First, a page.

Mugwort Artemisia vulgaris
Mugwort, with its herbaceous aroma and warming energy, is a really magical plant with a fascinating magical history. It was known as the “mater herbarium” or the “mother of herbs” and was sacred to many traditional cultures that burned and ingested it in rituals for its intoxicating effects. Mugwort's widespread use as a psychoactive substance is due to a variety of terpene compounds like α- and β- thujones and linalool, which are tranquillising and sedative; they act like a hypnotic, motor depressant and sleep-inducting narcotic. Together these compounds account for mugwort’s association with vivid and often psychedelic dreams, as they simultaneously sedate the user and stimulate hallucinations. One often reads about mugwort's use to induce vivid dreams, astral projections and divinations of the future.
Since humankind’s earliest records, mugwort is attributed with the power of arousing “strange ideas, magical conceptions and sacred associations” in cultures across Asia, Europe and North America. Native Americans used mugwort for smudging and prayer and as incense during ceremonies. Sometimes for rituals, mugwort was even used in conjunction with other hallucinogenic substances such as Peyote. For centuries, mugwort was dried and smoked as part of special rites in many cultures to significantly alter consciousness.
The genus name Artemisia refers to its association with Artemis the goddess incarnation of Mother Earth, in ancient Greece and the Mediterranean. Artemis’s divine presence was considered to be concentrated in mugwort. Throughout the ancient world it was thus used to worship Artemis and elicit ecstatic union with her via ingesting it during ceremonies held under the full moon.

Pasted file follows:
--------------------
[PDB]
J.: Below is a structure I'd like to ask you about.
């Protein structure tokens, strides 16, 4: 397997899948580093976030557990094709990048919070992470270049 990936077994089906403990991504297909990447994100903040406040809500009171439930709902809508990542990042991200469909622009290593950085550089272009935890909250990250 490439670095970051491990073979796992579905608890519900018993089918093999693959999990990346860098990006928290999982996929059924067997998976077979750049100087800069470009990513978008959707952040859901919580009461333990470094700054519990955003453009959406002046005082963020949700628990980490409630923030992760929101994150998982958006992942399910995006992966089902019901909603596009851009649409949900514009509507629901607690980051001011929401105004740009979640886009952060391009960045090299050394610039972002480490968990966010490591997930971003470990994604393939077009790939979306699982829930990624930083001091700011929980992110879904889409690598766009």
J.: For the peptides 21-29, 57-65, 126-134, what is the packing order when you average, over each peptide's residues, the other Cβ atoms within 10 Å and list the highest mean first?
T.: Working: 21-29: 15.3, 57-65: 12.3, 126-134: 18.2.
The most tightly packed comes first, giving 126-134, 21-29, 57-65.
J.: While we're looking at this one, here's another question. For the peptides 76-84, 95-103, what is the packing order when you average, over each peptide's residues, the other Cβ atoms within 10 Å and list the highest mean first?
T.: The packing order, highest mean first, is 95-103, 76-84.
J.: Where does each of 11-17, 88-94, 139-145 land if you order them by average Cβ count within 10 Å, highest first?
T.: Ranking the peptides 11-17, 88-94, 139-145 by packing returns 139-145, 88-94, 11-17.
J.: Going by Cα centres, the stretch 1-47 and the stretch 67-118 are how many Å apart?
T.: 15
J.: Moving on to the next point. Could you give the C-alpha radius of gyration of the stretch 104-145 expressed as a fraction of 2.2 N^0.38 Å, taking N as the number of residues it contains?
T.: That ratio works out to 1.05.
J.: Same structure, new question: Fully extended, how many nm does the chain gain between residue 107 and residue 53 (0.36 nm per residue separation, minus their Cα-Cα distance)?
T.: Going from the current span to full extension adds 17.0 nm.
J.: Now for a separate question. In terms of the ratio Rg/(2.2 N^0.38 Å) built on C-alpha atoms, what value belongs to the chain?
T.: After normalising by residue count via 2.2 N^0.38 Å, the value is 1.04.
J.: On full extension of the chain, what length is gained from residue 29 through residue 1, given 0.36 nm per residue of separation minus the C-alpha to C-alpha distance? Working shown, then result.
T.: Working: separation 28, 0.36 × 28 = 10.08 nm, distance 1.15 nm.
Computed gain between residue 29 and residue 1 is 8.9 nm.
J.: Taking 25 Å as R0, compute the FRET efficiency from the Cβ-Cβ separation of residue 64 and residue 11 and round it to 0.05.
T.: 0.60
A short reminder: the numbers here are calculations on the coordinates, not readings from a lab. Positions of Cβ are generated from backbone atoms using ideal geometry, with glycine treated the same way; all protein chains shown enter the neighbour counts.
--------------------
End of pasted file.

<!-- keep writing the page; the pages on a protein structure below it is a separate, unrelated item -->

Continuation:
Mugwort’s cure-all power is reflected in many of the common and unique ways it is used, from being strapped to the feet of travellers for protection and stamina on long journeys, to being hung from doorways and eves to ward off evil spirits and disease. Indeed, this herb boasts a long list of therapeutic actions and people take mugwort root as a 'tonic' for nervousness and to boost energy. It is also indicated for stomach and intestinal conditions including colic, diarrhoea, constipation, cramps, weak digestion and persistent vomiting. Mugwort is also used to stimulate gastric juice and bile secretion and the tea is helpful to encourage the elimination of worms. The herb has also been used as a part of treatment for malaria.
In traditional Chinese medicine, mugwort is the principle ingredient of moxa, used in moxibustion, in which heat from a burning cigar-shaped roll of the leaves is applied to acupuncture points.
Therapeutic properties: digestive agent, analgesic/pain killer, antibacterial/ anti-viral/ anti-fungal, anti-inflammatory, diaphoretic, expectorant, decongestant, insect repellent/insecticide, muscle relaxant, stimulant.
Mugwort has a long history of use by women and was renown in medieval times as being an abortifacient and emmenagogue with the power to stimulate menstruation during late or missed periods. 12th century texts extensively describe mugwort as a menstrual tonic and one 14th century text discusses mugwort’s use for expelling dead foetal tissue after a miscarriage. In medieval Europe, Mugwort’s ability to induce abortion created an opportunity for women who wanted to covertly terminate a pregnancy under the guise of treating menstrual irregularity. Mugwort has long served as one of the first forms of birth control and a means for women to take control of their reproductive rights.
Precaution: Pregnant women are warned to avoid taking because it contains compounds that stimulate menstruation and kill foetal tissue.
An 18th century Spanish herbalist, Diego de Torres recommended an application of a mugwort bandage below the navel as an effective method of inducing labour.